Artillery means any device for launching a projectile. In modern times, it does not usually refer to smaller weapons such as pistols and rifles. Artillery is also sometimes called gunnery. Guns used by navies are usually called naval guns while guns used on land are usually called artillery. Small arms are usually called firearms, side arms or infantry arms. Strictly speaking, the word gun does not refer to small firearms, but to large artillery pieces like cannon that generally require a crew for their operation. A general rule of thumb to distinguish between firearms and guns is that firearms are weapons with a caliber of less than .60 caliber (0.6-in/15.24-mm bore). All gauges of shotgun are classed as firearms. Nevertheless, the distinction between small arms and artillery is fairly vague and in common usage the term gun is frequently used to describe firearms. Several modern weapons with the word gun in their names such as shotgun and machinegun have further confused the distinction between firearms and artillery.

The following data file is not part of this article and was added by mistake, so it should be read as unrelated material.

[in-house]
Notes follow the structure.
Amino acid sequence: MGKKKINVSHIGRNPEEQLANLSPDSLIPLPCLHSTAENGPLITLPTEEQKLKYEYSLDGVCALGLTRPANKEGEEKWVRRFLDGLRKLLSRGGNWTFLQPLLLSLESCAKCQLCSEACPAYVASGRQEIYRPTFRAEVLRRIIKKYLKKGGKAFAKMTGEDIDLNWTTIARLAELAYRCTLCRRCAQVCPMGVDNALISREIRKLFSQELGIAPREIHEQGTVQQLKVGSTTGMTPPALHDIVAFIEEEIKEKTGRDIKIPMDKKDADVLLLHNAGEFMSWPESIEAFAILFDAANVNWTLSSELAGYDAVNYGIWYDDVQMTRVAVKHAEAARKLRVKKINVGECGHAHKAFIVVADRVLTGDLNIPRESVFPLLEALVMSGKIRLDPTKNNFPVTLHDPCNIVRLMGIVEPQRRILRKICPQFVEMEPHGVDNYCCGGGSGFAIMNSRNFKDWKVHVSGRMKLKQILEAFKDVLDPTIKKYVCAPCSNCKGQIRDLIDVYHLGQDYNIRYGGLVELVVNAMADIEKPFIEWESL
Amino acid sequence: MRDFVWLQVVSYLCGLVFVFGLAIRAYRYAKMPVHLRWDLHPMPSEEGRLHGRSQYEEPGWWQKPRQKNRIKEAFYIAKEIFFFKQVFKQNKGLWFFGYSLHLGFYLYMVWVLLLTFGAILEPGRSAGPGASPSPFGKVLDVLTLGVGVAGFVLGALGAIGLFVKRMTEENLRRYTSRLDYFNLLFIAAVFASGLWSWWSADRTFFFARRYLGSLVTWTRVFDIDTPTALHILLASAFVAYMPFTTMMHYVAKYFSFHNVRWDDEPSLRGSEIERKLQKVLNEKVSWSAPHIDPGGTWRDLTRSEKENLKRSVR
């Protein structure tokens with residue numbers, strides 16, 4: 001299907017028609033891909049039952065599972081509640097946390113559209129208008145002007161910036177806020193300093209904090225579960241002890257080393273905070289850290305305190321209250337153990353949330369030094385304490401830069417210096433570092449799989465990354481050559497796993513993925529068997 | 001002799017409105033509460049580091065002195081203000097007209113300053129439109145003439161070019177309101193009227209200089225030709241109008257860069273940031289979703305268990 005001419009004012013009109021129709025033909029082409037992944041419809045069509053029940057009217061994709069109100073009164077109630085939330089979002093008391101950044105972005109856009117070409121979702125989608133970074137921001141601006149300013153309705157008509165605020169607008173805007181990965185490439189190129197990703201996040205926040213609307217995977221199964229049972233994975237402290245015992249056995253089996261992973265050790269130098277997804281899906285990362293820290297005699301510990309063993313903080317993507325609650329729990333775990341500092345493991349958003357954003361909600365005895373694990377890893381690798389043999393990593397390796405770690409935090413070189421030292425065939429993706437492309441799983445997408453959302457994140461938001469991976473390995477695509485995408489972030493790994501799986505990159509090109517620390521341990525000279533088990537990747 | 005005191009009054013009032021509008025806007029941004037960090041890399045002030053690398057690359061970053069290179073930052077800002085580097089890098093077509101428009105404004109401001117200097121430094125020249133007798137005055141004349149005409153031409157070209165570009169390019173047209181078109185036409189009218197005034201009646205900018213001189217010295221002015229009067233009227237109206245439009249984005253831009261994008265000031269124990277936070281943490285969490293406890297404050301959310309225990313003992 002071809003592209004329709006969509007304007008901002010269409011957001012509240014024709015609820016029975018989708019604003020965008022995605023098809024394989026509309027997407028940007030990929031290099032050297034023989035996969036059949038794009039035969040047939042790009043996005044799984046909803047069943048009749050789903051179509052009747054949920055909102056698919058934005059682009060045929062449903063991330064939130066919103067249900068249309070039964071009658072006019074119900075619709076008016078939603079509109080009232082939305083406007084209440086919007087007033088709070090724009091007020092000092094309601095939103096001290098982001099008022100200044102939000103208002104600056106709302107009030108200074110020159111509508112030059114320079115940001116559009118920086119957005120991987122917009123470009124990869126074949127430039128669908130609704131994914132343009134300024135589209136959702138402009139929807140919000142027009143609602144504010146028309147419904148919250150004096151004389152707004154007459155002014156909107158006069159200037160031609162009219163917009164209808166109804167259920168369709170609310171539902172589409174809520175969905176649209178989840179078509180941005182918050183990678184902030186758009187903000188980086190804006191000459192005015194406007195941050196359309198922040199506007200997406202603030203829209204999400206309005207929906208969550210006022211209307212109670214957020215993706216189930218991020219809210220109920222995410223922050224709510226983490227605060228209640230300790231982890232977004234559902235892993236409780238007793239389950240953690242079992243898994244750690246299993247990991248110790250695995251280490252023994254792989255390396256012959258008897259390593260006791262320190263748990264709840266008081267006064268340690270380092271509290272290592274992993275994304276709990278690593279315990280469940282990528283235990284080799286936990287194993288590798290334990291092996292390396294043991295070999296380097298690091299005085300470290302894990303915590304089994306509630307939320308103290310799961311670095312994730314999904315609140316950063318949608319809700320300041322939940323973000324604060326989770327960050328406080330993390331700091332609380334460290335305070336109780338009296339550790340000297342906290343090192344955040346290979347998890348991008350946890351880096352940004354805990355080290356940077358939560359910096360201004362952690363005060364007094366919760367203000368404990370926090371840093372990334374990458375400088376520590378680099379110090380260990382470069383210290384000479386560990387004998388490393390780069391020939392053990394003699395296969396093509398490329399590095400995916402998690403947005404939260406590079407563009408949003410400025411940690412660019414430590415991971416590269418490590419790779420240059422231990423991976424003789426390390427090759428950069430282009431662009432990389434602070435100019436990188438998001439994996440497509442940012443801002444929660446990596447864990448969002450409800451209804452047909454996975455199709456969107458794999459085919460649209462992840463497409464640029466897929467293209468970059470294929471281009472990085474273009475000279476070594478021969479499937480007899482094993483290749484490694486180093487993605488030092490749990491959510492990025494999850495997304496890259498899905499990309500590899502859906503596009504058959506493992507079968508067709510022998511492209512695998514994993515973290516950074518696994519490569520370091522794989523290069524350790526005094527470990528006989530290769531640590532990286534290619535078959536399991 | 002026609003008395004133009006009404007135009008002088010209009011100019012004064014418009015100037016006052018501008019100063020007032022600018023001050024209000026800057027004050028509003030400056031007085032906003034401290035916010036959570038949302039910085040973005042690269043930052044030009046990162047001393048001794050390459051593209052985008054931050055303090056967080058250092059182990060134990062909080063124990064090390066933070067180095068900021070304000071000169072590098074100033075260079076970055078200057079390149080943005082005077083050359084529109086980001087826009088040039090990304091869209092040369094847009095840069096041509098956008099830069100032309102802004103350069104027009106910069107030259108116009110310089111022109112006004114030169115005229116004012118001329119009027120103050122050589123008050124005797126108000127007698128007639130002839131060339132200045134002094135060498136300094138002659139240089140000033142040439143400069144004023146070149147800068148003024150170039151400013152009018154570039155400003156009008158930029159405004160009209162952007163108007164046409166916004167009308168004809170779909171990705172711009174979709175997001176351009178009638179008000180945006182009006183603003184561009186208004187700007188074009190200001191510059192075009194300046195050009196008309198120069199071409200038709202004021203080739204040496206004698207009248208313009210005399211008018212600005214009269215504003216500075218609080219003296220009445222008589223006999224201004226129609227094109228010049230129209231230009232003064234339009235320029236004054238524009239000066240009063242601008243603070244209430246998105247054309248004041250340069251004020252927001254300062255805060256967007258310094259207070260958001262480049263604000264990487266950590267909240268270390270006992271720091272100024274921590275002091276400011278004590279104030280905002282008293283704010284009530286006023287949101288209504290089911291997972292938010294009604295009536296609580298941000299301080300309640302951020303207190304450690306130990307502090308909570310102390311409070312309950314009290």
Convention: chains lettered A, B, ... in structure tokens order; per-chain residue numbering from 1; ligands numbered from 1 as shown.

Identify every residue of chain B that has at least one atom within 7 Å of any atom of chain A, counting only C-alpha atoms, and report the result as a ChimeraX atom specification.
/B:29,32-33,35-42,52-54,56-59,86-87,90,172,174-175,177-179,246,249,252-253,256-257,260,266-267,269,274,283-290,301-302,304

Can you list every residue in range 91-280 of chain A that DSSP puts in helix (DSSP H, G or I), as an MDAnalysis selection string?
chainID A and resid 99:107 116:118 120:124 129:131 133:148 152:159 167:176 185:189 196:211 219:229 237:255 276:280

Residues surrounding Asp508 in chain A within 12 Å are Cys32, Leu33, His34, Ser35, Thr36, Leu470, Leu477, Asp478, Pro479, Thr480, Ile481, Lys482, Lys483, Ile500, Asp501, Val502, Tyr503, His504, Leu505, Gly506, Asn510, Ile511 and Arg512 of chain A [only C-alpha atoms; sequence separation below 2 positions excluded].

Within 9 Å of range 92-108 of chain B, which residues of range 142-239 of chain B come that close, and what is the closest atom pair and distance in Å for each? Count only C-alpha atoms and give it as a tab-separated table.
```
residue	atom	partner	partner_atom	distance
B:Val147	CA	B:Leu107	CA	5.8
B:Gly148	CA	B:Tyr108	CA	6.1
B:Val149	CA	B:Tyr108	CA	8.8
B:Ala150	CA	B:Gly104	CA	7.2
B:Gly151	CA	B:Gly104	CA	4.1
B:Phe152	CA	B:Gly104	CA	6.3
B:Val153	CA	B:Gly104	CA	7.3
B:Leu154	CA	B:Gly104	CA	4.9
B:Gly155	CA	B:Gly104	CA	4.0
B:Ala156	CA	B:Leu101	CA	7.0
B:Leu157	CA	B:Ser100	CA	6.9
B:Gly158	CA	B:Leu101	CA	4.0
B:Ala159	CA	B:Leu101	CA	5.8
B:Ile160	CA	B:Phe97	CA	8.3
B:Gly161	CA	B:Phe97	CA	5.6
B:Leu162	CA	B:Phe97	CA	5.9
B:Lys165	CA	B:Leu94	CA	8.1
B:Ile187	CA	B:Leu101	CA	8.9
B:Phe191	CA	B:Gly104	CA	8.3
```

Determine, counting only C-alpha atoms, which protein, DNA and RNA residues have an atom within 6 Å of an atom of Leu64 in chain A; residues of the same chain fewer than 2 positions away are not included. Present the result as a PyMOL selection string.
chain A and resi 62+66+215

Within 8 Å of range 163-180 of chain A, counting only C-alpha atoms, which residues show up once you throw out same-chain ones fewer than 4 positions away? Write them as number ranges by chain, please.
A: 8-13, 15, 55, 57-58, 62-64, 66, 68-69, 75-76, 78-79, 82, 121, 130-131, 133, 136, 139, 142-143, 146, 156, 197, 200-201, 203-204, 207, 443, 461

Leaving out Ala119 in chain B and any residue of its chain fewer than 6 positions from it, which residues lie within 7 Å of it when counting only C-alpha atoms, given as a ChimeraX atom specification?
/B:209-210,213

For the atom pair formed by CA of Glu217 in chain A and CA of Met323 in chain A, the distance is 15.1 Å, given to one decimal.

Use of Artillery
Artillery serves both offensive and defensive roles. The concept behind the use of artillery is to deliver casualties, confusion and mayhem to an adversary at substantial range. In an offensive, artillery is used to “soften up” an opponent before engagement with assault troops such as infantry, cavalry and mechanized artillery. In a defensive operation, the objective of the use of artillery is to inflict substantial damage upon the attacker. In recent conflicts, the roles of artillery and other long-range techniques such as aerial bombing have become more crucial so that the battle is nearly over before ground troops are sent in. The techniques used with employing artillery have changed as the capabilities of artillery and the design of fortifications have changed.
Artillery also includes such items as bows, crossbows, javelins, slings, and slingshots as well as items like ballistae, catapults and trebuchets. The latter devices are called mechanical artillery, siege engines or engines of war. There were a large variety of these types machines and they had many different names such as mangonel, scorpion, springal and falarica – to mention a few.